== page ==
There are fantasy worlds in which orcs are noble creatures. Valiant, peaceful, and in harmony with nature, these orcs are worthy of respect and admiration. While I do appreciate the effort that has gone in to bringing a modicum of civility and gentility to a stereotypically barbarous and bloodthirsty race, my orcs of choice have always been, and always will be, Tolkien orcs. Orcs Must Die!, as you may be able to extrapolate from the name, pits you against the best of orcs, Tolkien orcs. They’re vile, bloodthirsty, and overwhelmingly numerous…and I couldn’t be more pleased.
Orcs Must Die! puts you in the brash, arrogant, and supposedly incompetent boots of the last of the Warmages. The Warmages were powerful warriors charged with the task of guarding Rifts, magical portals that lead to the human world, from the rampaging orc hordes. The best and brightest of the Warmages have been defeated, leaving the fate of their wards in your hands as you travel from fortress to fortress to repel the oncoming waves of orc masses.
The game looks good. It looks like an XBLA game, but that is becoming more and more of a compliment with each visually wonderful XBLA game that comes out. Orcs Must Die! has more of a cartoony, almost Torchlight inspired design in certain places than something like From Dust, but within its own visual category, it is highly successful and polished. The animations are incredibly smooth. Be it a flying imp dive-bombing your rift, a wall trap pushing a kobold into a giant pit of acid, a spring trap launching an orc archer (with arms and legs flailing as you would expect) through the air, or the death throes of an orc on fire, the animations are never clunky, and always fit within the physics of the game world. The sound…ah, the sound. The first time I turned on Orcs Must Die! and reached the title screen, I sat for a few minutes and just listened to the title music before turning to my wife and commenting, “It’s like Lord of the Rings meets Danny Elfman. It’s Oingo Gloingo.” The trend continues throughout the rest of the game. Listening to this all day would make work a lot more fun.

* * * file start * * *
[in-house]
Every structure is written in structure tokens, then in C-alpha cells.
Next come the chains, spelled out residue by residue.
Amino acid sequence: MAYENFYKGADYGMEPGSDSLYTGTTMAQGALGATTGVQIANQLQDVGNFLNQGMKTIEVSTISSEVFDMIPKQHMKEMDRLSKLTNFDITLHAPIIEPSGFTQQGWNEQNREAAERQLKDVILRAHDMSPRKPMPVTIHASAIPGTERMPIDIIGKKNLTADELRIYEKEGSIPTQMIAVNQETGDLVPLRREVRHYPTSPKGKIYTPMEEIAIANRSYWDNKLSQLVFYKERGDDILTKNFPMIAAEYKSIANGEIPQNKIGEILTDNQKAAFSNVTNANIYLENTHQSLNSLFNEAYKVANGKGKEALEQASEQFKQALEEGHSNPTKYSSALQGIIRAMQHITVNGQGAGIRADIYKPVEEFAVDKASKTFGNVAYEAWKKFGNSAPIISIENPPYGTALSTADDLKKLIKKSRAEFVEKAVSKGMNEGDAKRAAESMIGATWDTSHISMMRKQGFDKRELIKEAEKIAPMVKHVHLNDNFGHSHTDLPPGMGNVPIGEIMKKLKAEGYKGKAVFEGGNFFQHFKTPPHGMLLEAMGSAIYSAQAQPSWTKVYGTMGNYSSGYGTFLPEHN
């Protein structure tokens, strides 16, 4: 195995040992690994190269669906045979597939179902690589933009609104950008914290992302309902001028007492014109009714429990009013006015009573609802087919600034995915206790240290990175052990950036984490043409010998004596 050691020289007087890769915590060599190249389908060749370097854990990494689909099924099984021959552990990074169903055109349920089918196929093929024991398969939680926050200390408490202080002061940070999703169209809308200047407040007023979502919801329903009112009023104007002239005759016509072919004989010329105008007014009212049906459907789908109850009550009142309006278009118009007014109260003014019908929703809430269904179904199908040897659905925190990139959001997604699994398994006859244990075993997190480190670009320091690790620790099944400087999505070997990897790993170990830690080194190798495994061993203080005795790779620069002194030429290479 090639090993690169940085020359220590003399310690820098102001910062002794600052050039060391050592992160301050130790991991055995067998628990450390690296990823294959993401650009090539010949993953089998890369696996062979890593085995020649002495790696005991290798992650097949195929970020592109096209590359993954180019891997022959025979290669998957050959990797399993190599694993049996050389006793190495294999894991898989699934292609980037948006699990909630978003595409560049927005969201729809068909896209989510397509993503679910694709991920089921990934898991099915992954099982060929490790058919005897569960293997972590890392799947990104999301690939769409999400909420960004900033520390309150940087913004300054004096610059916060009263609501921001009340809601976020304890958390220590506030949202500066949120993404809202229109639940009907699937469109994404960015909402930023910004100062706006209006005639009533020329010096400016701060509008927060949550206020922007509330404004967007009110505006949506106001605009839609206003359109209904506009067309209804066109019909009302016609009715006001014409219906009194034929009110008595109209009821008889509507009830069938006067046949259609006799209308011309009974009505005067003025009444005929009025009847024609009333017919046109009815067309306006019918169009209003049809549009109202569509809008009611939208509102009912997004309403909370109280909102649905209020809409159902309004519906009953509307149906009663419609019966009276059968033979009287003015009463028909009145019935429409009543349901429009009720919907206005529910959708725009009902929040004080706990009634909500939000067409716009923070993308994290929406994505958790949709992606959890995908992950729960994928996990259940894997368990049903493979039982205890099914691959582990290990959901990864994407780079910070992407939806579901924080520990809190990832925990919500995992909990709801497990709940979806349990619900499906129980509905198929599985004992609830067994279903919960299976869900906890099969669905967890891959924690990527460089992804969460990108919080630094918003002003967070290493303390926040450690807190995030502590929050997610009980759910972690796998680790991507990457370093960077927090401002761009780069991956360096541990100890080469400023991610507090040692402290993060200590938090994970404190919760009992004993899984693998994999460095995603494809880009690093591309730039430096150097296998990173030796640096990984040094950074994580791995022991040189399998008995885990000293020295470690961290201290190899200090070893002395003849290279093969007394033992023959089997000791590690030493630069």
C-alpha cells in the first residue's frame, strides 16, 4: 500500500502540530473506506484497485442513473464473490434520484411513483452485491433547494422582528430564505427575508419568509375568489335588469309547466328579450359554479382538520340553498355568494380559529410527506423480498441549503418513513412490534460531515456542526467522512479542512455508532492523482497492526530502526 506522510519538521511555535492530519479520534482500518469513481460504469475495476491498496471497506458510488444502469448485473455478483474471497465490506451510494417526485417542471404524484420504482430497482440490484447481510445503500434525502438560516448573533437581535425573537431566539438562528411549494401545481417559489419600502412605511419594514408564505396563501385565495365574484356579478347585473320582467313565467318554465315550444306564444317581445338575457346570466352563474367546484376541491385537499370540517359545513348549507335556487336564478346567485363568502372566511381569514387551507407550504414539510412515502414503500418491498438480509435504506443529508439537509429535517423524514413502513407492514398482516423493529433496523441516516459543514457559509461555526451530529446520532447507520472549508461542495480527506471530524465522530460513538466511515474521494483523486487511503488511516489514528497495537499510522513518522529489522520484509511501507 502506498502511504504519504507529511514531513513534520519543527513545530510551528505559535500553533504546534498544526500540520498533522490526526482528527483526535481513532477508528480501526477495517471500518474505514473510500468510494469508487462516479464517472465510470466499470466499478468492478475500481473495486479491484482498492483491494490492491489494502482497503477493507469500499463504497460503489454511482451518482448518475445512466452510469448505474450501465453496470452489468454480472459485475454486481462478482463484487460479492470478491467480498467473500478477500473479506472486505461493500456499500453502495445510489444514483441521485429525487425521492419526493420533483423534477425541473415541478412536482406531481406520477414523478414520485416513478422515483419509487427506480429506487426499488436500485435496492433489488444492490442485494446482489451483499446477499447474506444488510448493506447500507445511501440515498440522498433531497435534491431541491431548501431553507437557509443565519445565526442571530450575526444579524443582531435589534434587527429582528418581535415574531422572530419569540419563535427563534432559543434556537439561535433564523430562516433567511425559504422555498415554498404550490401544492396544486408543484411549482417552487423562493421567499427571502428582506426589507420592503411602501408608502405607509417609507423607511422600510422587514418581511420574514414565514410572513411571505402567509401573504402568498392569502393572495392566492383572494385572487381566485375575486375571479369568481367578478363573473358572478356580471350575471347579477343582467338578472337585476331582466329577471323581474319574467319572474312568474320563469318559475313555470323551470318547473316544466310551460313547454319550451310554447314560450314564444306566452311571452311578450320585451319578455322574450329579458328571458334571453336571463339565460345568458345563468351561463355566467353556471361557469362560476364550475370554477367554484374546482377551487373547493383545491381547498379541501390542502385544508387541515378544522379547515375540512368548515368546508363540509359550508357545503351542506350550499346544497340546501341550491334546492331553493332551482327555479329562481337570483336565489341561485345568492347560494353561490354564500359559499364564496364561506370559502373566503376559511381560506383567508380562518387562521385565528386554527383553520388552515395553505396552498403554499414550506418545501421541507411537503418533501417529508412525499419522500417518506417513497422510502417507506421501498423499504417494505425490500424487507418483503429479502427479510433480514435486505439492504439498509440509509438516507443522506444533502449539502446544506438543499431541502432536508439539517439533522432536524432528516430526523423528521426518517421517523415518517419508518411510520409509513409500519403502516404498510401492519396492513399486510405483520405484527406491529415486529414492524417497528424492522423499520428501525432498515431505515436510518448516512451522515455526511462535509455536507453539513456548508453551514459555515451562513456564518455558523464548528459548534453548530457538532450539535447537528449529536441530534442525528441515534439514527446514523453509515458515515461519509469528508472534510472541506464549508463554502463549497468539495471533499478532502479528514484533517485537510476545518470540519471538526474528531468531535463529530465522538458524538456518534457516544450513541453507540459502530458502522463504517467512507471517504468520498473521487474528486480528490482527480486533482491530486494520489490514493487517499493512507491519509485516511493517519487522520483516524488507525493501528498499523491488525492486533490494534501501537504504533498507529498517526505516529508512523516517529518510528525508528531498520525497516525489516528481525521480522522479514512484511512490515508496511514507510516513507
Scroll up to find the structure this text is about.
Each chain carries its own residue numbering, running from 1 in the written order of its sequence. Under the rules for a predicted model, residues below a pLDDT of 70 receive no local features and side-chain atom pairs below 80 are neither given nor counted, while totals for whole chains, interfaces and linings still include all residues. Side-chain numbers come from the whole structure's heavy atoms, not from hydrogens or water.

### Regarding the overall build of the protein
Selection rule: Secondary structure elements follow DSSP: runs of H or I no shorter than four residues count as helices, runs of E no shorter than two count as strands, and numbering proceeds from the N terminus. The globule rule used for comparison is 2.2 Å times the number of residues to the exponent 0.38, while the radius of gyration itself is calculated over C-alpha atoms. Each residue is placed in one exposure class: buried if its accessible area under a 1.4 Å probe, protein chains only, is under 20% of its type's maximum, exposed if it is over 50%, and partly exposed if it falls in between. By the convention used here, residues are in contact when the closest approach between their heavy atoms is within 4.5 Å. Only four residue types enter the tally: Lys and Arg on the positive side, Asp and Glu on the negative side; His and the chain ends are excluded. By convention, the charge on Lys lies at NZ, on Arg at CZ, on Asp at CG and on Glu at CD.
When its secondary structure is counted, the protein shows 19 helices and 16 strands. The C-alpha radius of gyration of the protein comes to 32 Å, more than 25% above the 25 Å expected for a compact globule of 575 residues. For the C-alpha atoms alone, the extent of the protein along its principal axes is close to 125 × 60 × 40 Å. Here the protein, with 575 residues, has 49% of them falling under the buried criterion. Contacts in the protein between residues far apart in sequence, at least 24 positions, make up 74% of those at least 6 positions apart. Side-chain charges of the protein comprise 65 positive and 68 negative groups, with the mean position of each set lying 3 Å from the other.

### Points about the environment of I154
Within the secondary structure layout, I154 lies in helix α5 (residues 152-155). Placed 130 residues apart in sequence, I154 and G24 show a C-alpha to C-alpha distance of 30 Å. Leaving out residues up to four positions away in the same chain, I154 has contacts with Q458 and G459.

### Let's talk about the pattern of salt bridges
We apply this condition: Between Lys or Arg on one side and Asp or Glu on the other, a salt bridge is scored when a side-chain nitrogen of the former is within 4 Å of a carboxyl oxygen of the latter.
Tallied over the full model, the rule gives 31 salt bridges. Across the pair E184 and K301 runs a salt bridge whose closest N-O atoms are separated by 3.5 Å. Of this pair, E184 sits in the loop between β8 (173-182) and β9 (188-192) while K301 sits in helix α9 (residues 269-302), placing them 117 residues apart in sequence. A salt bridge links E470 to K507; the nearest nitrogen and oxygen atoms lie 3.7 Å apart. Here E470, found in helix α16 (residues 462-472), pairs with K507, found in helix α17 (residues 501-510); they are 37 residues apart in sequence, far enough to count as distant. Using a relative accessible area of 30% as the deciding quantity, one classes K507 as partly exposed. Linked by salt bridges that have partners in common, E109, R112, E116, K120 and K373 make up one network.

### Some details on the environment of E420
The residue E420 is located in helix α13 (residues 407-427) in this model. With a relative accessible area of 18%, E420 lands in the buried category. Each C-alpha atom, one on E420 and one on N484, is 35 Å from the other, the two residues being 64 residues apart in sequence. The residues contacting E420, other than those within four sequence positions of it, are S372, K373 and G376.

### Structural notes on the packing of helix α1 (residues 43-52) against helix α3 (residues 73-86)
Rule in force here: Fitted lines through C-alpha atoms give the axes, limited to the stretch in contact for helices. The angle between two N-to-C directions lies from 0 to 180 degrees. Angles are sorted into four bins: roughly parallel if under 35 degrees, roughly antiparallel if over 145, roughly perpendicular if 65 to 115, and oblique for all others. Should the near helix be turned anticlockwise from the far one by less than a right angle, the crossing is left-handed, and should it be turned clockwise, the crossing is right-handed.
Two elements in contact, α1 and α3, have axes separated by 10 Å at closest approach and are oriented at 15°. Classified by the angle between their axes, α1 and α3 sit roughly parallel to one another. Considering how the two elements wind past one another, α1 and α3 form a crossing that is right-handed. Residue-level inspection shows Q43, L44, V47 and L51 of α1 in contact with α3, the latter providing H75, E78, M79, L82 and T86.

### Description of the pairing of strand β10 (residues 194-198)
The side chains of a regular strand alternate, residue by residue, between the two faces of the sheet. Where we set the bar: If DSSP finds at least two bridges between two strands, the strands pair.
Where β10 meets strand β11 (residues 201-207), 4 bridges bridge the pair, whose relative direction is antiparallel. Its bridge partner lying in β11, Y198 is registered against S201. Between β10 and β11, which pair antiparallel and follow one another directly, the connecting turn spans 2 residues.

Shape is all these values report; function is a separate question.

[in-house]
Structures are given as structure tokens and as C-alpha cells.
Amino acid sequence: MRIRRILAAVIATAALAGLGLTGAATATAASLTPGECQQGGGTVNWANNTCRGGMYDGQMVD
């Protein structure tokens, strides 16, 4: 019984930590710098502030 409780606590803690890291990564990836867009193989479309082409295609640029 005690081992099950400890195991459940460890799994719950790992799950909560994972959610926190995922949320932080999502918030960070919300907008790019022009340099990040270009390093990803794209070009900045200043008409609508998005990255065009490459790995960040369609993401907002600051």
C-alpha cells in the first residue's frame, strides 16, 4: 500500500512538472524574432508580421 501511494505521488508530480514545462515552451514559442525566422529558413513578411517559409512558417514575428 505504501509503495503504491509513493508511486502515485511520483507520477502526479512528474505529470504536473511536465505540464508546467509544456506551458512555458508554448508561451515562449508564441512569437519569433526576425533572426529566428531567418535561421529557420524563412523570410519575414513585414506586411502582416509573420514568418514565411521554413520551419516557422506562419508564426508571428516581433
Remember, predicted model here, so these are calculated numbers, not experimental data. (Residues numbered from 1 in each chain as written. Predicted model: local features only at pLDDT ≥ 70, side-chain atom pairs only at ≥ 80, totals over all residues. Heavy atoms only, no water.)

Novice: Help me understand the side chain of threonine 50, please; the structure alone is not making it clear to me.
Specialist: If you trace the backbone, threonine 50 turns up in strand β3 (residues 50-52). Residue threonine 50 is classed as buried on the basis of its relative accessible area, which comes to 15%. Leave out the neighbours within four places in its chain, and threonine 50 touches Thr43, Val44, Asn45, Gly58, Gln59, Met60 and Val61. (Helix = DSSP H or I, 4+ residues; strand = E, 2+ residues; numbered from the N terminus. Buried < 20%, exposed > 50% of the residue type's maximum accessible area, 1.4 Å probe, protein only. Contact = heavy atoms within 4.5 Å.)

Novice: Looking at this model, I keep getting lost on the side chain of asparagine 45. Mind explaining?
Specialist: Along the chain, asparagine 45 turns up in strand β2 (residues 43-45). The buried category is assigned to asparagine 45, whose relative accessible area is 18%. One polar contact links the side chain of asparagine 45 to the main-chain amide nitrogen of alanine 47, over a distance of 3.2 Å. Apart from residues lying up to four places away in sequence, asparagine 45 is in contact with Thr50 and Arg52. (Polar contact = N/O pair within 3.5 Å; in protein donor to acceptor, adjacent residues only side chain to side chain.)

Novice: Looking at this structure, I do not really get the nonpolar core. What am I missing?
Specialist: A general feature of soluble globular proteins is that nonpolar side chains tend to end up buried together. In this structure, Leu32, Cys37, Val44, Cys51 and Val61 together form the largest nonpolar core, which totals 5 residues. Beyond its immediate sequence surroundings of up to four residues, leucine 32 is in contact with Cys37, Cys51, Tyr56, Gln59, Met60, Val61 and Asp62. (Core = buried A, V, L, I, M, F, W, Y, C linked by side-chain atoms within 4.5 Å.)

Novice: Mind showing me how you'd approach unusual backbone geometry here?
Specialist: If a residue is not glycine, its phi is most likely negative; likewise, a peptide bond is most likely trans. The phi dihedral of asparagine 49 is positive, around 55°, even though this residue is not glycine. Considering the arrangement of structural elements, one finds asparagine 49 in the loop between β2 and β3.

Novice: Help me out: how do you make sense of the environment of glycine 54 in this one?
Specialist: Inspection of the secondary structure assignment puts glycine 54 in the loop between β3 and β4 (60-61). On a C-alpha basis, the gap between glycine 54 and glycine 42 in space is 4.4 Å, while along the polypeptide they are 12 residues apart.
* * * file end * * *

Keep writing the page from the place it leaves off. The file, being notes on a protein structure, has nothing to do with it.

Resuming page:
Being able to set spring traps for my co-workers whenever they try to enter my office would make work even more fun, but I don’t suppose there’s anything Robot Entertainment can do about that…right?
If you’ve been keeping up with our coverage, you’ll know how Orcs Must Die! plays. Everyone loves tower defense games, obviously, since the market is absolutely inundated with them. I used to enjoy this fantastic web-based tower defense game, the name of which I can no longer recall, back in the early days of Miniclip and other such sites. The problem with them was that I eventually got bored with the lack of interaction, which has remained my problem with every tower defense game I’ve touched since the early days of this millennium. There was never any way of supporting your tower defense if it was insufficient, and it ended up being too much sitting, not enough doing. Orcs Must Die! has deftly solved that flaw in the tower defense mechanic by including a third-person action mechanic to let you get up close and personal with those damn dirty orcs. Both mechanics, tower defense and action, are very well implemented, and very full-featured.
As with most tower defense games, there is a need for strategy. With Orcs Must Die!’s wonderful (and at times, damnable) level design increasing the challenge as you progress, you need to use your limited funds and limited trap slots to take advantage of your environment. Is there a giant pit of acid in the middle of a split walkway? Place wall push traps on the outer walls to simply shove orcs into the acid pit for instant deaths. Better yet, pair those with tar pits to slow the orcs down, allowing the wall push traps time to reset and shove even more orcs off the edge. Place barriers in front of alternate paths so that orcs are herded and shuffled into a path of your choosing, laden with traps, archers, and a guy with a sword (you). With each level that you successfully complete, a new item is unlocked. More often than not, it is a new trap. On occasion, however, you are graced with magical items, new units, new abilities, and more. Along with item unlocks, each level earns you skulls, depending on your performance. These skulls can be used in the menu to upgrade your items (traps, units, etc.), increasing their power and performance.
The rounds are long, and scored based on time, success rate in preventing orcs from reaching the rift, and more. There’s a short time between most of the waves to prepare, with one untimed break. At least, untimed in every respect except for the scored time. You can take as long as you want during this one break, but the longer you take, the more likely it is that you’re going to go over the par time of the level. The only problem I had with Orcs Must Die! is that each level is an exhausting endurance trial. You are constantly on edge, especially in later levels when you have multiple sources of orcs on opposing sides of the fortress. That kind of constant adrenaline rush, sometimes lasting up to ten minutes, can really bring a guy to his knees.
For the length, the polish, and the sheer unadulterated fun and joy of killing every orc, kobold, and ogre that comes within your reach, 1200MSP is an absolutely reasonable and acceptable price. Robot Entertainment has put forward a fantastic effort for their first game, and off the strength of Orcs Must Die!, I’m definitely excited to see what they come up with next.
|Excellent mix of tower defense, strategy, and action.|
Wonderful sound and design.